The Road to Publication: Remember, the first draft is always sh*t

Wouldn’t it be lovely if you could just start writing and everything that came out of your head arrived in beautiful prose? That the ideas just kept flowing, and it all made perfect sense? How do other writers find it so easy?

The answer is they don’t. Most of the work to produce a novel comes after the first draft, in the seemingly endless rounds of edits.

The best piece of advice I ever received about writing was from a tweet by Caitlin Moran describing her first draft as ‘word vomit’. The idea that a first draft is always sh*t is quite reassuring.

The problem is that you are probably comparing your first draft to a published book which will have gone through several drafts and editorial stages. The finished product on the shelves looks very, very different from the first draft on your computer.

So, let your characters change age, name and gender half-way through. Relax when your setting changes from the South of France to Southport, when your plot veers in strange directions and hangs on unlikely coincidences, when you’re convinced that what you’re writing makes no sense whatsoever and never will.

In your first draft you can leave out scenes altogether and skip to the more interesting parts. You can add backstory that you know you will end up cutting. You can type XXX when you need to do some research. You can bring characters back to life if you killed them off too early. You just have to keep going!

I am nearing the end of the first draft of book three. I hope to have it completed by the end of January. And it is very much ‘word vomit’. It’s not something I would ever let anyone read.

But it’s easier to edit 80,000 of word vomit than it is to edit a blank page.

Photo by Glenn Carstens-Peters on Unsplash

On the shelf: January 2021 reads

In December, I read:

  • Expectation by Anna Hope
  • The Confession by Jessie Burton
  • The Murder on the Links by Agatha Christie (Hercule Poirot #2)
  • A Little Life by Hanya Yanagihara
  • The End of Her by Shari Lapena
  • Daemon Voices by Philip Pullman

I really enjoyed Expectation – a story that follows three women as they grow up from their student days into their 40s. I could really relate to the characters as they were the same age as me and it gave me lots to think about.

A Little Life is certainly not a little book. Nor is it a particularly cheerful one and I did struggle with it for that reason. It was really well-written, and I am glad I finished it, but I’m not sure I would read it again! Warning – some of the themes in this book are very dark.

I would recommend Daemon Voices to any writers out there – it is a very inspiring examination of art, literature, religion and Pullman’s own work. I didn’t always agree with him, but I thought it was a very thought-provoking and enjoyable read.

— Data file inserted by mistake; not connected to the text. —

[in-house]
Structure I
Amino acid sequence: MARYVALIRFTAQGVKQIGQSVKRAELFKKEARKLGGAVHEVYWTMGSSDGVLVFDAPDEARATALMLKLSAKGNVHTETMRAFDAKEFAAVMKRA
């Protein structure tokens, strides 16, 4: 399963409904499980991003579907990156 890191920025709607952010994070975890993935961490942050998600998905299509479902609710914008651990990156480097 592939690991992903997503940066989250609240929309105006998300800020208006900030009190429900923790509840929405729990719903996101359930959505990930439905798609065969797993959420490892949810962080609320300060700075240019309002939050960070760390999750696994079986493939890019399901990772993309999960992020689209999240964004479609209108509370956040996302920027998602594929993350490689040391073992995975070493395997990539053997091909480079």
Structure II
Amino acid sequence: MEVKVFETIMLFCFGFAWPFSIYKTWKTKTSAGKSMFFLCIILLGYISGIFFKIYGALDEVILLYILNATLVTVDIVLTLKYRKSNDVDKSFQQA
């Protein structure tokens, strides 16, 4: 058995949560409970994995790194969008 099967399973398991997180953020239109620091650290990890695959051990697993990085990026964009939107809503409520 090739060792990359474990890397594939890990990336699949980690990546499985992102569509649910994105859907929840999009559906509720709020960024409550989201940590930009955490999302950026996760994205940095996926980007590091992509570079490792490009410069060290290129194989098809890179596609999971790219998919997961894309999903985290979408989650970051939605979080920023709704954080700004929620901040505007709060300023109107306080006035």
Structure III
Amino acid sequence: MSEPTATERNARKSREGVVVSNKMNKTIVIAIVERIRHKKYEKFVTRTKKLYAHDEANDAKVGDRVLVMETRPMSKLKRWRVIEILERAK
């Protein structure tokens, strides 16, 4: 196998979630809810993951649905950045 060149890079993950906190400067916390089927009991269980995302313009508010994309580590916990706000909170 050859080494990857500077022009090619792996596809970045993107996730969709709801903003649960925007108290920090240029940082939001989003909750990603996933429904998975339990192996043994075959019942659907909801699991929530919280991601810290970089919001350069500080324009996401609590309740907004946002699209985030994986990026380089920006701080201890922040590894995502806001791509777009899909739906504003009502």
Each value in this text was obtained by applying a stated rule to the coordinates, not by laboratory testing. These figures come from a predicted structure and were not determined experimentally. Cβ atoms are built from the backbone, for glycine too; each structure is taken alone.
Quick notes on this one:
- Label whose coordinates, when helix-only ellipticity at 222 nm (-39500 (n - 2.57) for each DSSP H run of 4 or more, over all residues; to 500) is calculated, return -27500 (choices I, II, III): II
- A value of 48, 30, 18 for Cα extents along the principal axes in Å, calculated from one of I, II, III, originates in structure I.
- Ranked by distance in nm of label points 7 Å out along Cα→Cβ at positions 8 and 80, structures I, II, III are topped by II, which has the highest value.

In January 2021, I am planning to read:

  • The Holiday by T M Logan
  • The Catch by T M Logan
  • One by One by Ruth Ware
  • Shed No Tears by Caz Frear
  • Stone Cold Heart by Caz Frear

What are your reading plans for 2021?

On the shelf: December 2020

In November, I read:

  • One Way Out by A A Dhand
  • Three Hours by Rosamund Lupton
  • The Babysitter by Phoebe Morgan
  • Dead to Her by Sarah Pinborough
  • The Mysterious Affair at Styles by Agatha Christie (Poirot #1)

The stand-out title for me was Three Hours by Rosamund Lupton which is the story of a high school siege in the UK. At first, I wasn’t sure how realistic this was, but I found myself drawn into the narrative and couldn’t put it down. The story of the two refugee brothers from Syria was very compelling and sensitively done.

Also recommended was One Way Out by A A Dhand. His plots are always so fast-paced, and this was no exception. Another story about a terrorist attack, although quite different from Three Hours. I work in Bradford, so I like the way he uses places and buildings I know very well in his books. I also like the way he weaves big issues into a thrilling plot.  

After signing up to Sophie Hannah’s email newsletter and getting a free guide to the Poirot novels, I decided to revisit the Queen of Crime Fiction and start reading the Poirot novels in order. I must admit I got a bit lost with The Mysterious Affair at Styles. Christie clearly knew her stuff when it comes to poison, but I found that aspect a little over-complicated. She had me going down completely the wrong path when it came to ‘whodunnit’ though!  

If I have time in December I am going to read the next Poirot novel, The Murder on the Links.

In December I plan to read:

  • Expectation by Anna Hope
  • The Confession by Jessie Burton
  • A Little Life by Hanya Yanagihara
  • A Single Thread by Tracy Chevalier

On the shelf: November 2020

Last month, I took a break from psychological thrillers and read:

  • The Giver of Stars by Jojo Moyes
  • The Glass Woman by Caroline Lea
  • The Clockmaker’s Daughter by Kate Morton
  • Still Me by JoJo Moyes

My favourite of these was The Clockmaker’s Daughter. It’s been on my ‘to be read’ list since I received a copy for Christmas and I don’t know what took me so long, as I always enjoy Kate Morton’s novels.

The novel follows different households who occupy a grand manor house over 200 years. It includes elements of the supernatural which I really enjoyed. The characters were all quite unexpected and fascinating, particularly the eponymous Clockmaker’s Daughter, who goes from pickpocketing on the streets of Victorian London to becoming an artist’s muse.

The Glass Woman took me a while to get into as it is set in 17th century Iceland. Once I got into it, I was hooked, and I loved all the detail of daily life in such a harsh environment. It has elements of Jane Eyre and Rebecca in it that I loved.  

The Giver of Stars was another book I struggled to get into. It’s beautifully written but I didn’t engage with it as much as I thought I would. Having said that, I have recommended it to quite a few other people. I haven’t finished reading Still Me yet so I will save my thoughts until December.  

I also read a proof of a debut novel called The Chalet by Catherine Cooper. I enjoyed this fast-paced psychological thriller set in the French Alps.  

This month, I am going back to crime and planning to read:

  • One Way Out by A A Dhand
  • Dead to Her by Sarah Pinborough
  • The Babysitter by Phoebe Morgan
  • Three Hours by Rosamund Lupton

Have you read any of these? What did you think?

The Road to Publication: Editing Book Two

So, at the start of September I was writing the first draft of Book Three and aiming to write 3,000 words a week. This was going quite well, and I had just passed the 30,000 words mark when I received a positive response from a literary agent for Book Two!

It wasn’t an offer of representation but some positive feedback about how I could improve the novel. After months of silence from agents, it felt brilliant to have someone come back with an enthusiastic response.